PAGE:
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Odette Lays an Egg... or 7!

April, 2006

On April first, Janice goes out to feed the swans early and they’re not on the pond anywhere. Our neighbor Bill is out on his deck and he calls over to us that they went “over the ridge.” He means the north berm of the pond, behind which runs Mosquito Creek. I join her and we soon find them down in the creek, by a willow tree. Not a good place to nest. They realize it, too.

We keep an eye on them for the next several days, to learn where they do decide to build their nest. Wherever it is, we will have to do something to protect it from predators. Once Odette lays her eggs she will spend almost all of her time on the nest. At night, when the coyotes prowl, she’ll be the most vulnerable.

By April fifth we have found evidence of nest building at the far northwest corner of the pond, about twenty feet from the water. Not the best location they could have chosen — we call this “coyote corner” since just a bit further west a long, wooded area follows Mosquito Creek toward its origin and the coyotes love this terrain. But it is fenceable, so I make note of it and begin to plan a time to get this done. I show it to Bill, and he doesn’t like it at all, but what can we do? Neither of us has the time to continually shoo the swans away from this spot.

A few days later it’s Saturday. I find some steel fenceposts and a post driver in the lower barn and head out to coyote corner to start the fence building. After I have most of the posts driven I see Bill on his tractor bringing over a roll of chain link. He and a friend of his help me unroll it and wrap it around the area I have defined with the posts. It’s not enough, so he goes back for more. He has several roll-ends from previous projects. After a couple of trips we have enough to complete the fence. It extends into the water about five feet on each side, leaving a ten-foot wide opening accessible only from the water. The fence wraps tightly around the back of the nest, since the swans have begun their project at the back edge of the pond berm. Beyond the fence the ground drops away steeply.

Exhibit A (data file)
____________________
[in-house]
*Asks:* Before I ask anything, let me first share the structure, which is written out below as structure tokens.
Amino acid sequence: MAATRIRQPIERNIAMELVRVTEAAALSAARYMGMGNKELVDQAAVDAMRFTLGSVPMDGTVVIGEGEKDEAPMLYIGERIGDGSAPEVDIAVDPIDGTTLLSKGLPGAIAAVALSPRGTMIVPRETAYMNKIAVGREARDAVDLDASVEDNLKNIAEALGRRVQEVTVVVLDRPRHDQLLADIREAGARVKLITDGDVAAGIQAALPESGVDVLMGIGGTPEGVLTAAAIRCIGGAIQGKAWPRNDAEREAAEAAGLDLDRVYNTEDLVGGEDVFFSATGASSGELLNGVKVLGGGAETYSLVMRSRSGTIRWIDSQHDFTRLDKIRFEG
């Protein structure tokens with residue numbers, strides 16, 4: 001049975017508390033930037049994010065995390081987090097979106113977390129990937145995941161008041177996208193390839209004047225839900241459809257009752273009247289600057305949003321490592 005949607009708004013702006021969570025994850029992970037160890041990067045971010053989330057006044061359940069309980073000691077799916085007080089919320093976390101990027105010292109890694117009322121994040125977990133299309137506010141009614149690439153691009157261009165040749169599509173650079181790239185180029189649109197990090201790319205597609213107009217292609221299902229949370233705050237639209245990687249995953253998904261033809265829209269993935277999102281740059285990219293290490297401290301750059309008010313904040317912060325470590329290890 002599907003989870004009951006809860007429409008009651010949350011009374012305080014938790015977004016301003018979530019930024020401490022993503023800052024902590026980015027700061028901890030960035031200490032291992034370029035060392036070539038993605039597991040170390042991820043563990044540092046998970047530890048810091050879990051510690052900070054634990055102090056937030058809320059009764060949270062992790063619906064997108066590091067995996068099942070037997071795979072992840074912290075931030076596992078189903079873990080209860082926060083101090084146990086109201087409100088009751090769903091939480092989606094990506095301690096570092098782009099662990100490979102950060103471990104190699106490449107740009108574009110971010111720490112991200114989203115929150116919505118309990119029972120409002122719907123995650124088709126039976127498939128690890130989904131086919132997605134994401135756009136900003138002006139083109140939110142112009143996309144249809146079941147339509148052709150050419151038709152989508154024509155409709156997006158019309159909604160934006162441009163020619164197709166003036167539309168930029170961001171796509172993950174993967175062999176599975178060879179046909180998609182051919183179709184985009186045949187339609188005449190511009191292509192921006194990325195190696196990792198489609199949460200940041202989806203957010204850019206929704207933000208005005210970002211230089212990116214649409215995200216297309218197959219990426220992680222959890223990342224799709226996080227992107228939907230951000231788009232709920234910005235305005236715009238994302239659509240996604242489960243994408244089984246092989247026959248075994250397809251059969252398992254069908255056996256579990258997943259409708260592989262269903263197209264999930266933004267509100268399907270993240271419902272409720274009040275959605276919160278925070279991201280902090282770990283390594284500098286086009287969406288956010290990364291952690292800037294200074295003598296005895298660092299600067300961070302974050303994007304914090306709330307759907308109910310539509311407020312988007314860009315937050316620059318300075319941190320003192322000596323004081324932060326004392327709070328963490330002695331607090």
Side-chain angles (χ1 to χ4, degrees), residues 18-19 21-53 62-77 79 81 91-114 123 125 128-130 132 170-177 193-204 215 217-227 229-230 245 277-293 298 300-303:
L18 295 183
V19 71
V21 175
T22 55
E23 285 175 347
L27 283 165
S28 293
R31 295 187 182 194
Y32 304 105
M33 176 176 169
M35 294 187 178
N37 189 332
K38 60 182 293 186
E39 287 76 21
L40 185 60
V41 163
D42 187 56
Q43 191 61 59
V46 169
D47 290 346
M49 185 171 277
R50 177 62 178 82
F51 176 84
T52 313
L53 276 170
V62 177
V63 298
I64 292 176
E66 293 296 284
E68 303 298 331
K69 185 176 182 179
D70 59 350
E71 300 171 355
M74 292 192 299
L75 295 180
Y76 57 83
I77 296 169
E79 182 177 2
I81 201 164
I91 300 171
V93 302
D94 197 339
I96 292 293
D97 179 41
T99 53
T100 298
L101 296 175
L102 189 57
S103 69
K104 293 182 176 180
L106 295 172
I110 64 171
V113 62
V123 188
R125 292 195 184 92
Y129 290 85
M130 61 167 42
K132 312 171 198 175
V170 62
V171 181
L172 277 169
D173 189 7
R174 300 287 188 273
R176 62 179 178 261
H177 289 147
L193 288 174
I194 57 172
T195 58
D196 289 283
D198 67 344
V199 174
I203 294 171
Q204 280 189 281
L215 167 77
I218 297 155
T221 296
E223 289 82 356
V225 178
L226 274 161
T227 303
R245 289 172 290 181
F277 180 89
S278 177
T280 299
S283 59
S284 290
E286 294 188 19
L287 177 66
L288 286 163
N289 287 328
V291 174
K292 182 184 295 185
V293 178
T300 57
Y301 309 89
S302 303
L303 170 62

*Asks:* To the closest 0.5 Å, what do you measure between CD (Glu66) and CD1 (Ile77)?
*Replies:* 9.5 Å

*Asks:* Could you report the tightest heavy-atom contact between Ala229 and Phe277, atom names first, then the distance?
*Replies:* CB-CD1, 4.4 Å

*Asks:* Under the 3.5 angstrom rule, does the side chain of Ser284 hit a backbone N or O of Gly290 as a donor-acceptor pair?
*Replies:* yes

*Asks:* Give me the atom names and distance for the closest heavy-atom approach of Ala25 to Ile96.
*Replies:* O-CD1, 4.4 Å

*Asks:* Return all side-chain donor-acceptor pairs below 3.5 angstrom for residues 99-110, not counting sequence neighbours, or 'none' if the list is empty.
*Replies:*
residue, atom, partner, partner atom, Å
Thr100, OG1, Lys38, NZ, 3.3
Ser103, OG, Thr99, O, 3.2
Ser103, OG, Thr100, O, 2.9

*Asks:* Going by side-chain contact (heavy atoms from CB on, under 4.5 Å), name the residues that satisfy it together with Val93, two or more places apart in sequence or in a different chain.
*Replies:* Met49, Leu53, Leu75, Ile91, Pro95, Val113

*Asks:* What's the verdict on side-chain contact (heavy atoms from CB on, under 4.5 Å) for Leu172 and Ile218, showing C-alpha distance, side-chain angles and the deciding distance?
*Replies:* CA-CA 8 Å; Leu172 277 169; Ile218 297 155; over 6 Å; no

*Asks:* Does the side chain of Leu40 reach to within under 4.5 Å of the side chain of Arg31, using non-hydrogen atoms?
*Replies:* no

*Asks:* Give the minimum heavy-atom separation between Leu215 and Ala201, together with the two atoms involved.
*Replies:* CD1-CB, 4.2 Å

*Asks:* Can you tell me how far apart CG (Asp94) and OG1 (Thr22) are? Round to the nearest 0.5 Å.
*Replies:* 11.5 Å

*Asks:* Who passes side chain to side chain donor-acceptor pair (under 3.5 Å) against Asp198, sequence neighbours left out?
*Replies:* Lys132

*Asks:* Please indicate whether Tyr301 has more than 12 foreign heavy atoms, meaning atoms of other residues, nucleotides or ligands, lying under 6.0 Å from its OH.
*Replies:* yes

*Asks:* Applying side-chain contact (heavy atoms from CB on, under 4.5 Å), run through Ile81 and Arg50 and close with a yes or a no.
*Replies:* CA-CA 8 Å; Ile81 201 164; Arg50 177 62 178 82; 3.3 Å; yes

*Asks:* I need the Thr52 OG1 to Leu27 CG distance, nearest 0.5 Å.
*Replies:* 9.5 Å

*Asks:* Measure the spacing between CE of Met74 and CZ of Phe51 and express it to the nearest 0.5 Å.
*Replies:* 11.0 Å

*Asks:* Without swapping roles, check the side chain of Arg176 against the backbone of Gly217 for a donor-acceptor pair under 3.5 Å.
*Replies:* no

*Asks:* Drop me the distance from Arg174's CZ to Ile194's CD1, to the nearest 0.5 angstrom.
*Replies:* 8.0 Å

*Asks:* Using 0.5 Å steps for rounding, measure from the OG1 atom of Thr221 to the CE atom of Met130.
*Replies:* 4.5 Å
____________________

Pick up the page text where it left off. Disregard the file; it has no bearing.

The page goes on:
The next day I’m happy to see the swans in the pen, Odette shaping the nest and Ziggy standing guard. My happiness is short-lived, however. Before the next week is over the swans have decided instead to nest on “the point,” a short, blunt peninsula (sort of) along the middle of the southern edge of the pond. This is really a better spot, but I’m a little pissed that I spent time building that pen.

We had actually thought about carving out the dirt behind the point to turn it into an island. This would be an ideal and safe place for the swans to nest. I haven’t yet thought about the inconvenience to us of getting feed to it. When I consider that we’d also need a bridge to reach the island, and that the bridge would need to be coyote-proof, I begin to think this plan is too complicated.

Before I abandon the idea I invite a local excavator to come out and give me an estimate. He’ll come the next day, Saturday, but this Friday evening at dusk I’m concerned when I see that Odette has returned to the point after feeding at the beach and she appears to be settling in to spend the night on land.

The next day the excavator, Dewey, shows up and we walk around the point, discussing how wide and deep the cut would need to be. All the while, Odette is lying flat as a pancake on her new nest, within a couple feet of the pond edge. Ziggy patrols offshore. When I realize we’re talking about moving more than 6,000 cubic feet of dirt I know we need a simpler plan.

When Dewey leaves, Odette gets in the water with Ziggy for a while. I walk up to the nest and see two eggs in it already. Time for action. I dash out and buy two fifty-foot rolls of chain link. Come home and start driving fenceposts into the ground again. By the end of the day we have constructed our second pen. Later I will dismantle the first one. I didn’t want to waste time with that and risk having Odette vulnerable for another night.

The new pen is much larger than the first one. It has a very wide opening to the water, because of the way the land bulges out there. The fence extends about five feet into the water on each side. I feel confident that Odette is now safe. Everything is fine for a couple of weeks.

Then, one Saturday at the end of April, I’m near the lower barn when I notice some sort of commotion in the pen. I get a closer look and see that both swans are in the water, anxiously paddling back and forth, and one of my neighbor’s dogs is inside the pen, barking at them and running from side to side. I can see a loose egg that Odette must have kicked out of the nest in her haste to avoid Mickey.

After a bit of yelling at Mickey, he leaves the way he apparently came, running through the shallow water right around the five-foot fence extension. I chase him home and discover he’s all bluster. As I back him up to his dogloo, he sits and drops his ears back. I easily slip his chained collar onto him and now he’s my buddy. I’ll forgive him later.

When I return to the pen, Odette is still in the water with Ziggy. I unfasten the fence where the two separate rolls meet in the middle, and go in to place the loose egg back in the nest, with the other SIX. Hmmm... What will happen if they all hatch? I guess we’ll have seven swans swimming (plus two).

Ross Thompson

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